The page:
When the nights are below freezing but the days are beginning to warm up, it's time to tap the sugar maples, explains Mayda Nathan '08, who sugars trees at Dartmouth's organic farm with Farm Manager Scott Stokoe. Despite an unusually warm winter, the sap in the farm's 30 or so sugar maples has started to run right on schedule. To make sure, Stokoe, with help from Nathan and Sawyer Broadley '08, performed his annual test on the tree outside his office. Nathan, who's taken the lead in the sugaring process since coming to Dartmouth, demonstrated the proper technique.
Using a weathered hand drill, she bored a hole about 2 inches deep into the tree at a slight upward angle to encourage drainage. Then she and Broadley pounded a small metal spout into the hole and immediately clear sap began to flow. The last step was to hook a tin bucket below the spout and attach a cover to keep out debris.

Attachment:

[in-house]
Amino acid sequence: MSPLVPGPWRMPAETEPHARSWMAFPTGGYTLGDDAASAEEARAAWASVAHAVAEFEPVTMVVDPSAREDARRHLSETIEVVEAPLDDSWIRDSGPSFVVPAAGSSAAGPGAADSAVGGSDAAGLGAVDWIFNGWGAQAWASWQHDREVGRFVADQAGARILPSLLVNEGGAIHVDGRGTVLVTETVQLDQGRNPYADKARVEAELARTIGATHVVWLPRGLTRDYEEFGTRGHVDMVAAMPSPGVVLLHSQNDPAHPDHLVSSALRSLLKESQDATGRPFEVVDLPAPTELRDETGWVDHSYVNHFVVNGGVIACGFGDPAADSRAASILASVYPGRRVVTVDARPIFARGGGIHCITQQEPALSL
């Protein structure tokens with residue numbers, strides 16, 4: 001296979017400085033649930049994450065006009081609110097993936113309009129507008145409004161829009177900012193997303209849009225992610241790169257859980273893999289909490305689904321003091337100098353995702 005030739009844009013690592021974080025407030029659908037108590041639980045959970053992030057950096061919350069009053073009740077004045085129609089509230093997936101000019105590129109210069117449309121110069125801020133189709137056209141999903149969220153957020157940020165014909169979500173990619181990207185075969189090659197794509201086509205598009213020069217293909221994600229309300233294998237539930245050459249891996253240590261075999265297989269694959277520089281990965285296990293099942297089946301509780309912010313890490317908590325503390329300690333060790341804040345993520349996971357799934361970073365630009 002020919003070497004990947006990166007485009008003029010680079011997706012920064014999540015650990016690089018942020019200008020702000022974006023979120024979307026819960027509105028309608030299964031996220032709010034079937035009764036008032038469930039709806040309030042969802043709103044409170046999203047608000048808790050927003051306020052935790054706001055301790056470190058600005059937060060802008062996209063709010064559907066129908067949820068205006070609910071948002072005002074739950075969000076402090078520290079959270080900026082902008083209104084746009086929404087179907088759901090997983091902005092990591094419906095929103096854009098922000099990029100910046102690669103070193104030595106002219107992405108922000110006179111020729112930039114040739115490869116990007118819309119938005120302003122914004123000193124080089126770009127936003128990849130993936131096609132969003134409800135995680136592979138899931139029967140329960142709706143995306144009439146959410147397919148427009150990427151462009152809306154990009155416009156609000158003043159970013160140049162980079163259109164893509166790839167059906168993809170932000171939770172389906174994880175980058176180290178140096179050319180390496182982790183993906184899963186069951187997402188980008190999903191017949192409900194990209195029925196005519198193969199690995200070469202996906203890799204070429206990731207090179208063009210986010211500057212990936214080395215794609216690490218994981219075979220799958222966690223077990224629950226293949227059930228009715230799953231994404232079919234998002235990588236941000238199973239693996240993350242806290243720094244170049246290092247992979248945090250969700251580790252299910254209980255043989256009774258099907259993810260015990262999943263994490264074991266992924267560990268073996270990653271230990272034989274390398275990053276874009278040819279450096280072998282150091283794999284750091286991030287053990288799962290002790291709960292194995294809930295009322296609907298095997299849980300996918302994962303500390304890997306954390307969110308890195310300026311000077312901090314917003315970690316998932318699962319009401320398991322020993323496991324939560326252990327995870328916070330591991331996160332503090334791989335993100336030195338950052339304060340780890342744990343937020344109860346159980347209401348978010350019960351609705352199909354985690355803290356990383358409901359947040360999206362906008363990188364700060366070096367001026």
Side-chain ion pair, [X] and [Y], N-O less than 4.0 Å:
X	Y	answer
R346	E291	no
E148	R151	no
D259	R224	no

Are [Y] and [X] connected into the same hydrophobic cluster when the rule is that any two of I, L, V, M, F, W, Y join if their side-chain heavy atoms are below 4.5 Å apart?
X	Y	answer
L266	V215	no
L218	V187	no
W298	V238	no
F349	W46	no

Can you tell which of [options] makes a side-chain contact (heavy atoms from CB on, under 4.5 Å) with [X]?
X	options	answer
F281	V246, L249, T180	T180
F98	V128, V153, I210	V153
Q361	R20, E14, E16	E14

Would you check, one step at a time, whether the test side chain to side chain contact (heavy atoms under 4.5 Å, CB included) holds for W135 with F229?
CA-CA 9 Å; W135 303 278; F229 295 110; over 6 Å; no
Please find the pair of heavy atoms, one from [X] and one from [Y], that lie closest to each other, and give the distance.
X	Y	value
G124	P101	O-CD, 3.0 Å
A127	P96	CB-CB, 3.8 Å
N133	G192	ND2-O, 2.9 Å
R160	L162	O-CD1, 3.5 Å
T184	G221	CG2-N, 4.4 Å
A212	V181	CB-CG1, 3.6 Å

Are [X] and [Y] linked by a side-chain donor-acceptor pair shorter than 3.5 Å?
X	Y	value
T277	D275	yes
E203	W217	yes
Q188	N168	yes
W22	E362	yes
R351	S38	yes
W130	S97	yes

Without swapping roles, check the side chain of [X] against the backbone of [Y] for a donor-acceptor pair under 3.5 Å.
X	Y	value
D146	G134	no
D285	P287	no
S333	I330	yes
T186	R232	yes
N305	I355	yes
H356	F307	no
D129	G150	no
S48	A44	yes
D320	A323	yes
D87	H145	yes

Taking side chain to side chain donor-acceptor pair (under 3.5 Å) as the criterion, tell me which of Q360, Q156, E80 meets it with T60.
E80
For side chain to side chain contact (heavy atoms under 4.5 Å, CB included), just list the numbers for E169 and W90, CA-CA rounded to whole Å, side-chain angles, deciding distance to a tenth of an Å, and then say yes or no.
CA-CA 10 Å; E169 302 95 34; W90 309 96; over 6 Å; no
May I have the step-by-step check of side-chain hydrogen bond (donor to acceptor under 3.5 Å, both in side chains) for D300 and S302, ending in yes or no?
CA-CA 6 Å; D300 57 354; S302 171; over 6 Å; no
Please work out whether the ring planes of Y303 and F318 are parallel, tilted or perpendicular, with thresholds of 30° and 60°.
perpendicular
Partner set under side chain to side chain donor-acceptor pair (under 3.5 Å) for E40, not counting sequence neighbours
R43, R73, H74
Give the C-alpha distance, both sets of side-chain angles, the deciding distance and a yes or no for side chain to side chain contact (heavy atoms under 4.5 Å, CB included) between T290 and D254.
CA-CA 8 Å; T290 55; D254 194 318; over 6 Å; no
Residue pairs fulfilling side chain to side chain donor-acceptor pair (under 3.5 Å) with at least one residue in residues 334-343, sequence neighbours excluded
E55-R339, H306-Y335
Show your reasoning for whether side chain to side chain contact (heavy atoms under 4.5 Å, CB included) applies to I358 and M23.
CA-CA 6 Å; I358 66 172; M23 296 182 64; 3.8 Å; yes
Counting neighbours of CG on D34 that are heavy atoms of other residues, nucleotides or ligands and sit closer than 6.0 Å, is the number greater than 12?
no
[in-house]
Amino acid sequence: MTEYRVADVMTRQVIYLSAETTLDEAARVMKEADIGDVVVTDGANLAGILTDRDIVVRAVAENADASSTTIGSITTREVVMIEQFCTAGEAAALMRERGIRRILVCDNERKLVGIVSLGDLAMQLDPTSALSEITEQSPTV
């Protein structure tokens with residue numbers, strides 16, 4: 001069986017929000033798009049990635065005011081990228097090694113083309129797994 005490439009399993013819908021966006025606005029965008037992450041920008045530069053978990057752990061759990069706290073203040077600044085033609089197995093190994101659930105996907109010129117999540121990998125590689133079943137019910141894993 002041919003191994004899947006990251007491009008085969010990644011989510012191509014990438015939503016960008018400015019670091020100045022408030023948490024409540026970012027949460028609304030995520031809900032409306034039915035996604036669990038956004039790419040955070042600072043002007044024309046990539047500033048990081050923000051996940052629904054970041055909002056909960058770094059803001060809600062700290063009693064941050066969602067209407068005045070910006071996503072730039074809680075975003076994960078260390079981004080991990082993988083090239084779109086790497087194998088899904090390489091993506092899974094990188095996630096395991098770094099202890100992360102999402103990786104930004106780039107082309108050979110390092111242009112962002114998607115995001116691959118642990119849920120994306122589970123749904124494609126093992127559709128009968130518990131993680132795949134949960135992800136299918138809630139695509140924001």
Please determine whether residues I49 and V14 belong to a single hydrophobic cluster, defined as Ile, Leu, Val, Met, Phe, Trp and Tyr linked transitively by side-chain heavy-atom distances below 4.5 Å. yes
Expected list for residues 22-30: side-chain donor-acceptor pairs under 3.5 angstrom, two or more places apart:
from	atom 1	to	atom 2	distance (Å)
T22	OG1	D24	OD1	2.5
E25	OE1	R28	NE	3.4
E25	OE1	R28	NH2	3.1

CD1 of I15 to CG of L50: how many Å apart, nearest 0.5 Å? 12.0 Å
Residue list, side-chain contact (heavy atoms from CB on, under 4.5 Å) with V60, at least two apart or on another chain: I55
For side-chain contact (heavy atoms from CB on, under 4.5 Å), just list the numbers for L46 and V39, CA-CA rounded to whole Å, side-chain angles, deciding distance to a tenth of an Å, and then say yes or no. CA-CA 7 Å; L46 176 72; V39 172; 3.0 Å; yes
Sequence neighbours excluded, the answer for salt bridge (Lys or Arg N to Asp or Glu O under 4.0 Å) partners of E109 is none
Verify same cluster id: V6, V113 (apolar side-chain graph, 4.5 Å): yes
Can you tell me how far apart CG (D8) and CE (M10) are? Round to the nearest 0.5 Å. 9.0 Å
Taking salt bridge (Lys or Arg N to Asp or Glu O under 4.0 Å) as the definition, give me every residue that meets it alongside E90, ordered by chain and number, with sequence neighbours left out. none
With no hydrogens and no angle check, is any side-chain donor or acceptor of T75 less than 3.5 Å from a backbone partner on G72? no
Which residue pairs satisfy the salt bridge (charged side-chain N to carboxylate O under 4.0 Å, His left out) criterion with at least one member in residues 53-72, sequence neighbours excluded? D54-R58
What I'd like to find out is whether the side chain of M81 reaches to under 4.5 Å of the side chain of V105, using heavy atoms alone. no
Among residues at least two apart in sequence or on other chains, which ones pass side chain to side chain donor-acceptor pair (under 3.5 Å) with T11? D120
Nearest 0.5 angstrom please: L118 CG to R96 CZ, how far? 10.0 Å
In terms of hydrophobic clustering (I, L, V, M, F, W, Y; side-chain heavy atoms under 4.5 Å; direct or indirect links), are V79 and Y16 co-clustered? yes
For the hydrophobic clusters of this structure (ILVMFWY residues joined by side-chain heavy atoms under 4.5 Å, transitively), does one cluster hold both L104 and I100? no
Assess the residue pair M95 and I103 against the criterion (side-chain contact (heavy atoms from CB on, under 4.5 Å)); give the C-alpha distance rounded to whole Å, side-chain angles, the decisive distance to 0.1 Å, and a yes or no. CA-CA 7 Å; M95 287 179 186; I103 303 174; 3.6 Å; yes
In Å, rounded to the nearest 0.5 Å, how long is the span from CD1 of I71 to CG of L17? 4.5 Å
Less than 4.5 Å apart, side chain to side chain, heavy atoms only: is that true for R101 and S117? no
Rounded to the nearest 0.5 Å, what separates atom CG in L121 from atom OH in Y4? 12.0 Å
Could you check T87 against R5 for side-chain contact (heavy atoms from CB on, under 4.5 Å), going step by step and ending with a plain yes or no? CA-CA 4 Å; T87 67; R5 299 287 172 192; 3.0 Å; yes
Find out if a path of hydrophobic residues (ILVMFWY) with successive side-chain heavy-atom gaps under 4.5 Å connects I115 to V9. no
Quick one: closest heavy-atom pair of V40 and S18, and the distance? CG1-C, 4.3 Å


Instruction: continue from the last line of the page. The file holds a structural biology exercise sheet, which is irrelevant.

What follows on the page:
"The rule of thumb is that you need about 40 pints of sap to produce one pint of syrup," explains Nathan. Stokoe and his apprentices will collect between 125 and 250 gallons of sap to produce between 3 and 6 gallons of syrup. A native Californian, Nathan says that she got involved with sugaring after answering a call for volunteers as a first-year student. "I was curious, so I offered to help. Suddenly I found myself running the whole process," she says with a laugh.
Stokoe instructs his students in caring for the tree's drill wounds and imparts to them his reverence for the land and the living things that grow there. "These trees are living and breathing," he says. "They are our partners. They give us this gift and we need to care for them in return."
By GENEVIEVE HAAS
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Last Updated: 5/30/08